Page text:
presented Sacred & Sassy II, an event to benefit the Choir and also the Saint James Music Academy. A performance of sacred music was followed by a dessert party, silent auction, and entertainment in the Parish Hall. On June 6th the Saint James Music Academy gave its year-end concert, to the admiration and delight of a full house. Congratulations to all the young people and teachers on their work throughout the year. On June 15th, after High Mass, the St. James’ Mothers’ Union held their annual Edwardian Strawberry Tea. Sandwiches and cake (topped with fresh local strawberries) were eaten, accompanied by entertainment from Gerald Harder and Ruth Greenaway-Robbins. The event commemorated the 100th Anniversary of the start of World War I, and included a sing-along of songs made famous in that era. YOUTHWORKS IS BACK! Youthworks has returned, and staff will again be guiding groups of young people who come for a week at a time to live at St. James’ and offer ministry and service to our church, to parishioners who need small jobs done, and to the neighbourhood. Welcome back! SOLEMN EVENSONG AND BENEDICTION We would like to encourage everyone to come out to Solemn Evensong and Benediction on the last Sunday of each month. We are very fortunate to have it sung in partnership with the Oculus Choir, and it is an amazing feast of music, Scripture and prayer. Come and give it a try!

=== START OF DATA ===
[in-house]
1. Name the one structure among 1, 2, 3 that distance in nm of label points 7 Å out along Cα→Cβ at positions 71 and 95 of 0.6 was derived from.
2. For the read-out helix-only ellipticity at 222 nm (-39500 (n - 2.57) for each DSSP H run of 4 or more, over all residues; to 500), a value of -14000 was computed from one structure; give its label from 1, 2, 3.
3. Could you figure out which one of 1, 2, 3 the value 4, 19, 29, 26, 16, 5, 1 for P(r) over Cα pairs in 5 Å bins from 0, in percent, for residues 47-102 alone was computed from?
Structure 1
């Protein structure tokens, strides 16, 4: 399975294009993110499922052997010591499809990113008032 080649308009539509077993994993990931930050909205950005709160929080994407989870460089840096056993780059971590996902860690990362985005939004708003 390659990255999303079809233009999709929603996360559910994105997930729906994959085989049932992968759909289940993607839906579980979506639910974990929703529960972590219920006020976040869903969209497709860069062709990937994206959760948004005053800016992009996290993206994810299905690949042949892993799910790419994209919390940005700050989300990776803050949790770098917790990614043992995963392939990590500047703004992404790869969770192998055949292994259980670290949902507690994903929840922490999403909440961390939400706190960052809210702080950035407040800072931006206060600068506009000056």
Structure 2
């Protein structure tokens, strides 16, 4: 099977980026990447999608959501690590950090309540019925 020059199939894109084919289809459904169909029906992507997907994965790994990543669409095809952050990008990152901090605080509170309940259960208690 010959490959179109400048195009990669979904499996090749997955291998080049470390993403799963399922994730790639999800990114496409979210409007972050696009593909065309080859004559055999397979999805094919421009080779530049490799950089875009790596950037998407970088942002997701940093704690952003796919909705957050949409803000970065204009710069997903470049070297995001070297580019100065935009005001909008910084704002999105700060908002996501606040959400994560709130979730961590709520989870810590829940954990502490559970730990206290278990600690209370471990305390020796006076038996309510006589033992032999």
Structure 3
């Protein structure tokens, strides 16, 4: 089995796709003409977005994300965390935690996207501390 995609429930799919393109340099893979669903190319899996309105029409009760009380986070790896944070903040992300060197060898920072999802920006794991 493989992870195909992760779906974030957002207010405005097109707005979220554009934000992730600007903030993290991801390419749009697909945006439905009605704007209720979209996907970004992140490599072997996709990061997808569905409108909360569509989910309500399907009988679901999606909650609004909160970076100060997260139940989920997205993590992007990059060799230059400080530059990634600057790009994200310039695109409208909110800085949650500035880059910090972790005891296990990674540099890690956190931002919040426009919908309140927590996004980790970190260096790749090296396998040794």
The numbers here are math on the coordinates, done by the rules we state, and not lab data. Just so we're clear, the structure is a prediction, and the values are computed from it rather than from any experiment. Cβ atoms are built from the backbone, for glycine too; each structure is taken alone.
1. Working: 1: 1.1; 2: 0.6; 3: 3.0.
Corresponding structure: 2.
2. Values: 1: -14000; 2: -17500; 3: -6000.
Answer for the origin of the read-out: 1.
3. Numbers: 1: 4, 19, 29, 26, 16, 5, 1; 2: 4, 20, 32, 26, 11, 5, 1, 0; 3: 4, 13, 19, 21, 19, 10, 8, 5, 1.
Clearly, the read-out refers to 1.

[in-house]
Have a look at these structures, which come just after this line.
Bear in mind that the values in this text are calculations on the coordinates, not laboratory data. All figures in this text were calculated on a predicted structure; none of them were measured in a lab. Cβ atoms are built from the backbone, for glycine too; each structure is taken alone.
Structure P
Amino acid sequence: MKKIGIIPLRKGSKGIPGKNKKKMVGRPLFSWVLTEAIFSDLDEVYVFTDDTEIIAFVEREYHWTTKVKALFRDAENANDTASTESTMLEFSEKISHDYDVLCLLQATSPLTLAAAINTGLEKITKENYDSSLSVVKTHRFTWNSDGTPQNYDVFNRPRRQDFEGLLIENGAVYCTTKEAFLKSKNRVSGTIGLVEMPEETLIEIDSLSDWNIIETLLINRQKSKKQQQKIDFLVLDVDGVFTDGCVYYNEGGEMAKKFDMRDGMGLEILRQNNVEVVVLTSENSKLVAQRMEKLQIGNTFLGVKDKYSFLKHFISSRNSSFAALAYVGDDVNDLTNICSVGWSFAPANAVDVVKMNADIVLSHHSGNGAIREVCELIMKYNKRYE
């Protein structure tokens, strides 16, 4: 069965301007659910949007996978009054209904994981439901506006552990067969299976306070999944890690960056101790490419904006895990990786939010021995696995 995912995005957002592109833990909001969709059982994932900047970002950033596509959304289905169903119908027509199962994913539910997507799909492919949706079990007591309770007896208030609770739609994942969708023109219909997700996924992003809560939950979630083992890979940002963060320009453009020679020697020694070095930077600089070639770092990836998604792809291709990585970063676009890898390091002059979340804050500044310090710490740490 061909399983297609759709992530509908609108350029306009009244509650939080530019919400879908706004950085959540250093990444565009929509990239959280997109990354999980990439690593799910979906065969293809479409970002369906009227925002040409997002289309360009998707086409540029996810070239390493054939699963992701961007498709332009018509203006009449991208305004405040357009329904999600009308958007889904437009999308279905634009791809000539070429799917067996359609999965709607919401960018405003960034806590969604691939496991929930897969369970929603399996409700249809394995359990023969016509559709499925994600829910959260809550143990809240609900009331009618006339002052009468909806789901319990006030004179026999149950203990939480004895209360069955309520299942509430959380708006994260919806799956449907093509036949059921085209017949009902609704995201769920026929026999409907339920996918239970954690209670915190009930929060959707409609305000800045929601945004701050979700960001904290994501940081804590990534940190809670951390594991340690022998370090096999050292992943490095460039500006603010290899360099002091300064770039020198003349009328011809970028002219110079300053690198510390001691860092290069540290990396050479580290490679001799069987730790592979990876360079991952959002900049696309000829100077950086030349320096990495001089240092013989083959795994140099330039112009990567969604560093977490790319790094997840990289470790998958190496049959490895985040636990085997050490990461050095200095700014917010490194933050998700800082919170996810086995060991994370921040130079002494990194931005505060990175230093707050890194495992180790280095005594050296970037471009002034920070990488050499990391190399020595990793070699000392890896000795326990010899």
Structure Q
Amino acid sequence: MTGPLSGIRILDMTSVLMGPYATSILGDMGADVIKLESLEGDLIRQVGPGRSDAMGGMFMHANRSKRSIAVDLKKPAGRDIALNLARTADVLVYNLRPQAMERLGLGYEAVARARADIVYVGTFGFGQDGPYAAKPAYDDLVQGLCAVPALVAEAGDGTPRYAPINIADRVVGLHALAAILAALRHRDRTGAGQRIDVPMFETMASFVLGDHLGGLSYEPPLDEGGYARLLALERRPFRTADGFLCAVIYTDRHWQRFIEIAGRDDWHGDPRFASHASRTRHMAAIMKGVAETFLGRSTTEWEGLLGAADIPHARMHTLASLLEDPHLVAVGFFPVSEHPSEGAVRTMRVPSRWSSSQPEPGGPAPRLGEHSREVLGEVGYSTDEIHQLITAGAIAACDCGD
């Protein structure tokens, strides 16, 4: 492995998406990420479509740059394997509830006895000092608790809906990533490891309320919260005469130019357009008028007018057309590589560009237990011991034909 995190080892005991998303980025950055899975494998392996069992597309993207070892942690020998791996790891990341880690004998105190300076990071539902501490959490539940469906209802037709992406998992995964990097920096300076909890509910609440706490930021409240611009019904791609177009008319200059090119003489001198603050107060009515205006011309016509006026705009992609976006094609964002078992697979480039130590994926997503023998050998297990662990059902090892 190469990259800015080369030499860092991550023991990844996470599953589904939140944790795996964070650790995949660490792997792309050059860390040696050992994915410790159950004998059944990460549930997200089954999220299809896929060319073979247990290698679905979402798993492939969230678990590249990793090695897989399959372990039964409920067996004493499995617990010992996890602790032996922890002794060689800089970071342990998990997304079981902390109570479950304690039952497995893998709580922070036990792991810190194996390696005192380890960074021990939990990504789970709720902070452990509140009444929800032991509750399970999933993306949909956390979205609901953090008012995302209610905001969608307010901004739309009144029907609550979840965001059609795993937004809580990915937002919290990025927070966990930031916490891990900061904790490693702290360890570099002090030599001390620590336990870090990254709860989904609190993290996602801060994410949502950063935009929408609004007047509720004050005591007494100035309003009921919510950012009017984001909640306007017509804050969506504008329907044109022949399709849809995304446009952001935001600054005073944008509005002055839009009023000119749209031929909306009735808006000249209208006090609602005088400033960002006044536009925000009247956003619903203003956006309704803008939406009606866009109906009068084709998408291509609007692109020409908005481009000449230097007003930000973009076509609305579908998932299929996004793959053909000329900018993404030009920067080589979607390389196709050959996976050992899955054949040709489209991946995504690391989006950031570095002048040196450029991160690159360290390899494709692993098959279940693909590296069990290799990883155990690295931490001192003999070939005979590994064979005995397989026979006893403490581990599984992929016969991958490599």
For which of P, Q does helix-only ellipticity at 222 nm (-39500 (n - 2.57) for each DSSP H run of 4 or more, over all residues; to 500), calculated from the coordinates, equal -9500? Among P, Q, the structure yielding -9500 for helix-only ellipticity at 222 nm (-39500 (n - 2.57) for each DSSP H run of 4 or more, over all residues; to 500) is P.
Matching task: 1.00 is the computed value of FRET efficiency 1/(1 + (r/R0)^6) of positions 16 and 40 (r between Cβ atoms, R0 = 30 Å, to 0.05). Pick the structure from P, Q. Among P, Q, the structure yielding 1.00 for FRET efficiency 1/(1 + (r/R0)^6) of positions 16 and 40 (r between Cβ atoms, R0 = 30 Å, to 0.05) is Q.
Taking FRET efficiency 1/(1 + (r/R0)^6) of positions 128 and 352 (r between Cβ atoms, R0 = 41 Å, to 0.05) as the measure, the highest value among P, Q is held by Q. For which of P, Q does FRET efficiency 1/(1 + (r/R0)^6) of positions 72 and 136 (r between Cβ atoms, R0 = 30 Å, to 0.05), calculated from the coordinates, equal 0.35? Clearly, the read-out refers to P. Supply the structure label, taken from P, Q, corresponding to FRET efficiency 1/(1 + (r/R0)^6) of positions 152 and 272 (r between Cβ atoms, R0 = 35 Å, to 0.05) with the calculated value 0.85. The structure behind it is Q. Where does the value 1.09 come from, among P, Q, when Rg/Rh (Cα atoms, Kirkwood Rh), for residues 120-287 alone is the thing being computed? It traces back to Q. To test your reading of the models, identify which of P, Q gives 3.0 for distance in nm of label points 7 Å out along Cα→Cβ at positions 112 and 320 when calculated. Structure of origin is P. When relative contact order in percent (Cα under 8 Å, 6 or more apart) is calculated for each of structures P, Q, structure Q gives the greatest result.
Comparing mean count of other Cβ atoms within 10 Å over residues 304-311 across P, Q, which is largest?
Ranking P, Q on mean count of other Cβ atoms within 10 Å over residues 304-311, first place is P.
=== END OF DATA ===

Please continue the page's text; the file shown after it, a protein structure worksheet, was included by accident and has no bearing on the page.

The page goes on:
50th anniversary of the ordination of Br. John Blyth

baptisms at pentecost

photo by sean birch

photo by elaine jan

blessing of jenny scott as st. james’ new youth worker

wedding of andrew bell and anna scott

photo by sean birch

photo by sean birch

robyn boeré and neil stange’s going-away blessing photo by tracy russell

vigil of the gospels photo by ruth greenaway robbins

blessing of blankets photo by sean birch


303 East Cordova Street, Vancouver, BC, v6a 1l4 Telephone: 604 685 2532 Fax: 604 685 7605 Email: office@stjames.bc.ca